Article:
WFH 2016

 
 
 

Orlando skyline at night, Photo by Bill Dickinson

The World Federation of Hemophilia (WFH) 2016 World Congress took place July 24-28 in Orlando, Florida.

 

Drug can prevent bleeding in hemophilia A and B

HT Staff Read Article
Published: 08/04/16

RNA_structure_240.jpg
Structure of RNA

Results from an ongoing phase 1 study suggest fitusiran, a small interfering RNA therapeutic targeting antithrombin (AT), can restore hemostasis and prevent bleeding in patients with hemophilia A or B, with or without inhibitors. In patients with inhibitors, fitusiran exhibited preliminary evidence of reduced bleeding. In patients without inhibitors, fitusiran reduced the median estimated annualized bleeding rate (ABR) to 0. [Read Article]

Gene therapy reduces need for FIX prophylaxis

HT Staff Read Article
Published: 08/02/16

DNA_helix_Credit_NIGMS_230.jpg
DNA helices
Image courtesy of NIGMS

The gene therapy AMT-060 can reduce the need for factor IX (FIX) prophylaxis in patients with severe hemophilia B, results of a phase 1/2 study suggest. All of the patients treated in the low-dose cohort of this study have had sustained improvements in their disease phenotype and continue to maintain durable levels of FIX gene activity for up to 39 weeks post-treatment. Four of the 5 patients were able to discontinue prophylactic FIX infusions. [Read Article]

Gene therapy shows promise for severe hemophilia A

HT Staff Read Article
Published: 08/01/16

DNA-helix-Spencer-Phillips_230.jpg
DNA helix
Image by Spencer Phillips

An investigational gene therapy can safely reduce bleeding in patients with severe hemophilia A, a phase 1/2 study suggests. The therapy is BMN 270, a recombinant adeno-associated virus (AAV) vector coding for human coagulation factor VIII (FVIII). Six of the 7 patients treated with the highest dose of BMN 270 had FVIII levels above 50%, and the number of bleeding events fell substantially from baseline. [Read Article]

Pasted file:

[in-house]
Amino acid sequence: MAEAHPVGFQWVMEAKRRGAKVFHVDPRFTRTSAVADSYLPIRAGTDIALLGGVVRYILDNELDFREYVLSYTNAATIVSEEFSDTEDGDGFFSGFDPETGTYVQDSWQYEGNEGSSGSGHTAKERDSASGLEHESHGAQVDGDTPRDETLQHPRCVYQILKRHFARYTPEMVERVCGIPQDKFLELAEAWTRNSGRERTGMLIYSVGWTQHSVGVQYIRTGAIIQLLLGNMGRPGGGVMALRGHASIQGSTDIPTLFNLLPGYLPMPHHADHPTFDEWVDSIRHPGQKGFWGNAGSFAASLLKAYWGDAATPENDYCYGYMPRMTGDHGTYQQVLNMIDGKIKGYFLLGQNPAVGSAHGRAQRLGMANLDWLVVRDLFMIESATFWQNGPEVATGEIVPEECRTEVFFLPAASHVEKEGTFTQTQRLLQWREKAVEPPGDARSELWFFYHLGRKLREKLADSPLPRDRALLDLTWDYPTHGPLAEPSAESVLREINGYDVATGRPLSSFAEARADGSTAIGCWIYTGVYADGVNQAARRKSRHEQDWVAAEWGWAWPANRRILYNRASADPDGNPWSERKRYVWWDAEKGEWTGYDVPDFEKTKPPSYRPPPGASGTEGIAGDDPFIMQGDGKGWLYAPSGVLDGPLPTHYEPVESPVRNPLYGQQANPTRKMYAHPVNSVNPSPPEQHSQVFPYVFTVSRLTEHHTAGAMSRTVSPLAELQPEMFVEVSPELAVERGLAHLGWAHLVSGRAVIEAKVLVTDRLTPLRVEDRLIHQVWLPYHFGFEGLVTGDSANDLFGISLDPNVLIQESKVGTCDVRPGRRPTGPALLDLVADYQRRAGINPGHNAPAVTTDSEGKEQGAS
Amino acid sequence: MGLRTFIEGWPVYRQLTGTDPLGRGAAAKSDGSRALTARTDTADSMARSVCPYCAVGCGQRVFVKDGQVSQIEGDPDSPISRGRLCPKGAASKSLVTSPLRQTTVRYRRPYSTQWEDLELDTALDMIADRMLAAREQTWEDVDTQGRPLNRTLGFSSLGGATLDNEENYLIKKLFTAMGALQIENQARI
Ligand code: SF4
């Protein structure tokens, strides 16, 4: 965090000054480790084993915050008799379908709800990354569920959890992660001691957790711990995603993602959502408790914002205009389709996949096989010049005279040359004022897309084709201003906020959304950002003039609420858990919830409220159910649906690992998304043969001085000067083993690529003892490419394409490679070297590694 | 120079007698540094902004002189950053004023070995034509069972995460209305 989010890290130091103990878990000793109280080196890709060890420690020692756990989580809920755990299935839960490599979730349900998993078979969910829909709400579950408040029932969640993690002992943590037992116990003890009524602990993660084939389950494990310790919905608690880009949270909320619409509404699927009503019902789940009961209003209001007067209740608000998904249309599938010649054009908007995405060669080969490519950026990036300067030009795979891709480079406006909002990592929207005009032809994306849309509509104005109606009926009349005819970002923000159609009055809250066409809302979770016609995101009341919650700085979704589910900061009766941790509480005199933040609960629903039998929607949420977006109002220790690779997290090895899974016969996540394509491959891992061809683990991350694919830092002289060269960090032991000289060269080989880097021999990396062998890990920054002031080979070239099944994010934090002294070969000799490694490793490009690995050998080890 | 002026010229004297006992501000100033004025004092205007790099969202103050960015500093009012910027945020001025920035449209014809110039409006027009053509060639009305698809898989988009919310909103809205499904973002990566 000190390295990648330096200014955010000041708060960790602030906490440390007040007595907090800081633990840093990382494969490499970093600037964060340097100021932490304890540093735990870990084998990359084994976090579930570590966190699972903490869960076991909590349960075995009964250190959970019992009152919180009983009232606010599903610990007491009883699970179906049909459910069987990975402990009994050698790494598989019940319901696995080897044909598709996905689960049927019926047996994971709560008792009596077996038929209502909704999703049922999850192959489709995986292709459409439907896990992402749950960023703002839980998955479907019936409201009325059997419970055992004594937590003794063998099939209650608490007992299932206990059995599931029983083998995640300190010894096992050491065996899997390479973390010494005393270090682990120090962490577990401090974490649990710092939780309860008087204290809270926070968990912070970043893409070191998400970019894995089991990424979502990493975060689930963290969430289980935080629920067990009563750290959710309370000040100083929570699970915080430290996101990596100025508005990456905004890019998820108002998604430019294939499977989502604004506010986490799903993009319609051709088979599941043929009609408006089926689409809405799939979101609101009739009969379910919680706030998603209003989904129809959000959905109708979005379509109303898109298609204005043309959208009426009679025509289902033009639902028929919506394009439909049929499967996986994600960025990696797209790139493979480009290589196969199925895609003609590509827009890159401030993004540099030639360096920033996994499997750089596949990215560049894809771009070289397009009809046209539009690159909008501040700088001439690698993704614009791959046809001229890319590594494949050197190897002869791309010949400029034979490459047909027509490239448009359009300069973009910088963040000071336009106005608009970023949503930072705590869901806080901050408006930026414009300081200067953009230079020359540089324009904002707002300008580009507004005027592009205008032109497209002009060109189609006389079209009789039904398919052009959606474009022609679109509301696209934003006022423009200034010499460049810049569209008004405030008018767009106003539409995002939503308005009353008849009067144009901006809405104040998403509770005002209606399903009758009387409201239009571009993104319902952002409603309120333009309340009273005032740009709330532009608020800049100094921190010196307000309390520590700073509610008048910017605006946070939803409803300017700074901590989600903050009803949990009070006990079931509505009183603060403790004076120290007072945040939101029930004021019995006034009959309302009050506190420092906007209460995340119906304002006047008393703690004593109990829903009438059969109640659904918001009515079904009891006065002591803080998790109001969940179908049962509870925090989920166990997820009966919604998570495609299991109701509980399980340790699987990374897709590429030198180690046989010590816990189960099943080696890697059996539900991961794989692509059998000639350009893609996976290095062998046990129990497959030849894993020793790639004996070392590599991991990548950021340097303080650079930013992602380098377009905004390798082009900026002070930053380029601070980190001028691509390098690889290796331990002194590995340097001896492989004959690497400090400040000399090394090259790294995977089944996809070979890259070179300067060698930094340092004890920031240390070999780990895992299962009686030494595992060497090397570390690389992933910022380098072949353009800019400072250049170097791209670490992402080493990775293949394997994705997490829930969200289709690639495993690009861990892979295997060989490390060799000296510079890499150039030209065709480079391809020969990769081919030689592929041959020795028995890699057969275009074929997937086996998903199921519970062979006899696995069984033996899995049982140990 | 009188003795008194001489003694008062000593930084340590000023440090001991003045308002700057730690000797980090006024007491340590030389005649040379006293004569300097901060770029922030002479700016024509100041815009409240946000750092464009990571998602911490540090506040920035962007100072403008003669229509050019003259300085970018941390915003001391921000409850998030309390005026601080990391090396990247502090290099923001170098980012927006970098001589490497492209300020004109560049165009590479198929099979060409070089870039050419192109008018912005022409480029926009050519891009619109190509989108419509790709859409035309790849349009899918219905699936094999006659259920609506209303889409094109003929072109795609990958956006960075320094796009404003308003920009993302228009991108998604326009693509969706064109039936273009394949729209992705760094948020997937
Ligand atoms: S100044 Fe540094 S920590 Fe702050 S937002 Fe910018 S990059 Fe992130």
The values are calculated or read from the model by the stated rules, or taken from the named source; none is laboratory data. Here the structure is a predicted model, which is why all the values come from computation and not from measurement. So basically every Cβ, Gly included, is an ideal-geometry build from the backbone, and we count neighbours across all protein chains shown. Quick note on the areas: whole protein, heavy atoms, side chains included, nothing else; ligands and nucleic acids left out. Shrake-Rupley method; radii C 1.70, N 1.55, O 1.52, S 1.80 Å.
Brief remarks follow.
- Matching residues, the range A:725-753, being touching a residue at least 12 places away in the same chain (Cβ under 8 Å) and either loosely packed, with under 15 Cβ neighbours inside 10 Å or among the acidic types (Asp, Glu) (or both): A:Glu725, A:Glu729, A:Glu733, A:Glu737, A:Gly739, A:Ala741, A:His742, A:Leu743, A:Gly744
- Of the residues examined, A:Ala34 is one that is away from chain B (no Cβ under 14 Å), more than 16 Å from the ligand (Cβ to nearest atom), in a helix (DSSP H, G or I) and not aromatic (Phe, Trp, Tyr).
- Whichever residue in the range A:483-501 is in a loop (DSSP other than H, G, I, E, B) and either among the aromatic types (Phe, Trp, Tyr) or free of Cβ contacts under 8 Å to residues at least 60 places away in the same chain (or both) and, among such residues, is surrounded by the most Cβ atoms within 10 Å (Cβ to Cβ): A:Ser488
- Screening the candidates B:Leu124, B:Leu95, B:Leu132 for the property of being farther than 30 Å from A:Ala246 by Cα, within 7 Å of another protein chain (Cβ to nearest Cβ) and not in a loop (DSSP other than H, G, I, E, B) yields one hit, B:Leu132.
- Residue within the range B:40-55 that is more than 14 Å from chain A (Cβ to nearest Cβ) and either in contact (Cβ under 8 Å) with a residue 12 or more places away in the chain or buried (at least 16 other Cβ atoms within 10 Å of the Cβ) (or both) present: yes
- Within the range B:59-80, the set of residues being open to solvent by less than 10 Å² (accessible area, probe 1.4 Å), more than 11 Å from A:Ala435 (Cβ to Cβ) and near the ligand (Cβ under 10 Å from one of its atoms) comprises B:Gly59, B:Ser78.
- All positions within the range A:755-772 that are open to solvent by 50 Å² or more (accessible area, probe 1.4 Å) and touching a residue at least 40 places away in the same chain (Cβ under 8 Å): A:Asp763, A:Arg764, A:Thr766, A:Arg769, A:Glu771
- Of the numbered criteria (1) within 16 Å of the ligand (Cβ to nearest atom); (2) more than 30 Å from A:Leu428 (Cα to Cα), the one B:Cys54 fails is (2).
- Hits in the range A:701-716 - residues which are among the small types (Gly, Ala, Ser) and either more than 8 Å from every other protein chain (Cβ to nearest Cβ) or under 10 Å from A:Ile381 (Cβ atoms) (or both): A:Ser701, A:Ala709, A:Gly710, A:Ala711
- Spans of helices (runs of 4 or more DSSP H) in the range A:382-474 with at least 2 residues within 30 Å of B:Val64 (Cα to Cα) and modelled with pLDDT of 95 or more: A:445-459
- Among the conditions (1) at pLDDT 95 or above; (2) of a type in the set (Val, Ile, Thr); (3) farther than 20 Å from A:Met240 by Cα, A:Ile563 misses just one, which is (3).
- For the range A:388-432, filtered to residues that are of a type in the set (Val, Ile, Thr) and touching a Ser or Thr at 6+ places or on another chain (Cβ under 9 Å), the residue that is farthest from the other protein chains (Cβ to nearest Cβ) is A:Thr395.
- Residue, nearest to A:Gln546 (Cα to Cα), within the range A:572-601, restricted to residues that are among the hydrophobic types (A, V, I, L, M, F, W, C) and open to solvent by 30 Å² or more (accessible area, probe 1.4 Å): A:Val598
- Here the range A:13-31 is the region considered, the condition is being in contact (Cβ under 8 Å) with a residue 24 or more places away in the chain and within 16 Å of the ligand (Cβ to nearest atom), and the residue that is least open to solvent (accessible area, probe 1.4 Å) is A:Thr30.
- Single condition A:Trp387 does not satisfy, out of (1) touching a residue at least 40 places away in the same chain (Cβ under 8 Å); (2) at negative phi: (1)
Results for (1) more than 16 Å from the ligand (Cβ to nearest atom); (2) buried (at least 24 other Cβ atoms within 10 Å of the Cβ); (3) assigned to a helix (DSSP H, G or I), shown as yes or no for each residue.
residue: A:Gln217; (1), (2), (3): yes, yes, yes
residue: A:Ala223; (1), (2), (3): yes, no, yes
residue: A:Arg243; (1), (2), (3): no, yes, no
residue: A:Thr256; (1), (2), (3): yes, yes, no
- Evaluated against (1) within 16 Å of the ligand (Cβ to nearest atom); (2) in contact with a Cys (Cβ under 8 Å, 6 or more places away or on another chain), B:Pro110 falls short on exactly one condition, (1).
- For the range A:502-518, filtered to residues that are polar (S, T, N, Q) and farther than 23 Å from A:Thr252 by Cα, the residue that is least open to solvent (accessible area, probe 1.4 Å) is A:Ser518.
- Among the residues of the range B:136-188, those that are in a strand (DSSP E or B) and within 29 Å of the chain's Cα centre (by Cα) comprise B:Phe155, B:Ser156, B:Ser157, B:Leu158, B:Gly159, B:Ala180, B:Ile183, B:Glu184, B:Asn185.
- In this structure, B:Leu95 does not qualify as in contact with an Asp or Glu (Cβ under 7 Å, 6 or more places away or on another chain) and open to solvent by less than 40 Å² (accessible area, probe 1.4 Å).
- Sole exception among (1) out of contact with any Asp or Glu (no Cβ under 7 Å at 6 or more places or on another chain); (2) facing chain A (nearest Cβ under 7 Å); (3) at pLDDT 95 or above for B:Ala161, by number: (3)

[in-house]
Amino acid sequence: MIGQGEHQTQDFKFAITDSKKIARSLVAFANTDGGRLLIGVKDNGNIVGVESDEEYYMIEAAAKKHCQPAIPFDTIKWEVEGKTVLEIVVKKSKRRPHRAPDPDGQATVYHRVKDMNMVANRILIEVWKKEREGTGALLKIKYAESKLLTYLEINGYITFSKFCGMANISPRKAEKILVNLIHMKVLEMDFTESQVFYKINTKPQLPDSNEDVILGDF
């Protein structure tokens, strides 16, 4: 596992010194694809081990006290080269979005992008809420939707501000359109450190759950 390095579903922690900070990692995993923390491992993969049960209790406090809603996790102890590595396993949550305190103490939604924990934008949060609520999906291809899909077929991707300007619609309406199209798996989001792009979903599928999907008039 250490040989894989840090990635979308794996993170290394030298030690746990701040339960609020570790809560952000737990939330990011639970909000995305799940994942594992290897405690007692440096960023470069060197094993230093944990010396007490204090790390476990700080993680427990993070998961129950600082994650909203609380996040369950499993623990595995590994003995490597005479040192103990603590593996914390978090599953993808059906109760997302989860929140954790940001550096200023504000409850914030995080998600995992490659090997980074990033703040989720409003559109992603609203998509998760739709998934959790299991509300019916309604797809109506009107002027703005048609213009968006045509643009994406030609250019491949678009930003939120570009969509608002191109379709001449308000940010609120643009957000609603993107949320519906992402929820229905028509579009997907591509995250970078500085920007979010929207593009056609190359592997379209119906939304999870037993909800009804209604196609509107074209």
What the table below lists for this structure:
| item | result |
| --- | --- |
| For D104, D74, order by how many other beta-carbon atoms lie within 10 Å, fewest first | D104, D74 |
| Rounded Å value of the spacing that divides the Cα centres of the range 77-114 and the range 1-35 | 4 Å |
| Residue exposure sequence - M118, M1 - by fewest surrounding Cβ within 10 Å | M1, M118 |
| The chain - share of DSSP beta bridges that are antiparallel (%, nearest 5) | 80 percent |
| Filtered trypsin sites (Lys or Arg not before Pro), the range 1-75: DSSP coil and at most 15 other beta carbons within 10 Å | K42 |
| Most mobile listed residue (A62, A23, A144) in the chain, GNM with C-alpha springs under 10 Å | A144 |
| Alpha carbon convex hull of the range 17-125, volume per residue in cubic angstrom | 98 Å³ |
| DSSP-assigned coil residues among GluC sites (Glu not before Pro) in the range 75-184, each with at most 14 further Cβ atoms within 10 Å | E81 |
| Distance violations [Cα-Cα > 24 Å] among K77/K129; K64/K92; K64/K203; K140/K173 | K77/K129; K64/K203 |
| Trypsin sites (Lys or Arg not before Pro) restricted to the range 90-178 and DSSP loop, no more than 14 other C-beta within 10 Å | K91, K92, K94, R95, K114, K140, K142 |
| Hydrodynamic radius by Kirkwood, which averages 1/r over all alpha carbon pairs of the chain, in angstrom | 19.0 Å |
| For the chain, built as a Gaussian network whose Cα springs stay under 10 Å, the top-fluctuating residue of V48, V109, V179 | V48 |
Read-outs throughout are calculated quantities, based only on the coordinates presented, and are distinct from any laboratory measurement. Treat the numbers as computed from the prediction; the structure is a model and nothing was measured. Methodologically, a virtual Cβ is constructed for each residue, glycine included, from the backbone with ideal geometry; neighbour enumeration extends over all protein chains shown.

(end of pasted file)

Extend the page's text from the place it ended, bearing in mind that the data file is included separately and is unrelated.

mAb could change treatment of hemophilia A, doc says

HT Staff Read Article
Published: 07/29/16

monoclonal_antibodies_Credit_Credit_Linda_Bartlett_230.jpg
Monoclonal antibodies
Photo by Linda Bartlett

Emicizumab, a bispecific monoclonal antibody (mAb), could potentially change the treatment paradigm of hemophilia A, according to a speaker at the World Federation of Hemophilia 2016 World Congress. Results of a phase 1/2 study suggest that emicizumab can be safe and effective as once-weekly prophylaxis in patients with severe hemophilia A, whether or not they have factor VIII (FVIII) inhibitors.  [Read Article]

How hemophilia B impacts education, work

HT Staff Read Article
Published: 07/29/16

woman-at-work-240.jpg
Woman at work

Even mild or moderate hemophilia B can have a negative impact on the education and careers of patients, according to the B-HERO-S study. Ninety-four percent of the patients studied said their disease had a negative impact on their education, and 95% said hemophilia had a negative impact on their work. More than half of patients who had stopped working said they stopped due to hemophilia-related financial issues and/or complications. [Read Article]

Patients can safely receive less FVIII, study suggests

HT Staff Read Article
Published: 07/28/16

antihemophilic_factor.jpg
Antihemophilic factor

It may be possible for hemophilia patients to receive less factor VIII (FVIII) without increasing their risk of bleeding, according to a study presented at the World Federation of Hemophilia 2016 World Congress. The study showed that hemophilia A patients who received prophylactic FVIII from the home infusion provider Option Care received 6 fewer units of FVIII per week than patients receiving prophylactic FVIII from specialty pharmacies. [Read Article]

Therapy seems safe, effective in kids with hemophilia

HT Staff Read Article
Published: 07/28/16

adynovate-baxalta-230.png
Vial of Adynovate
Photo courtesy of Baxalta

Results of a phase 3 study suggest the full-length recombinant factor VIII therapy Adynovate (BAX 855) can be safe and effective as twice-weekly prophylaxis and to control bleeding in children with hemophilia A. None of the patients in this study developed inhibitory antibodies, and there were no product-related adverse events. The median annualized bleeding rate (ABR) was 2.0, and nearly 40% of patients did not have any bleeding episodes. [Read Article]

    {title}

    {icon} {author} Read Article
    Published: {pubDate}

    {summary}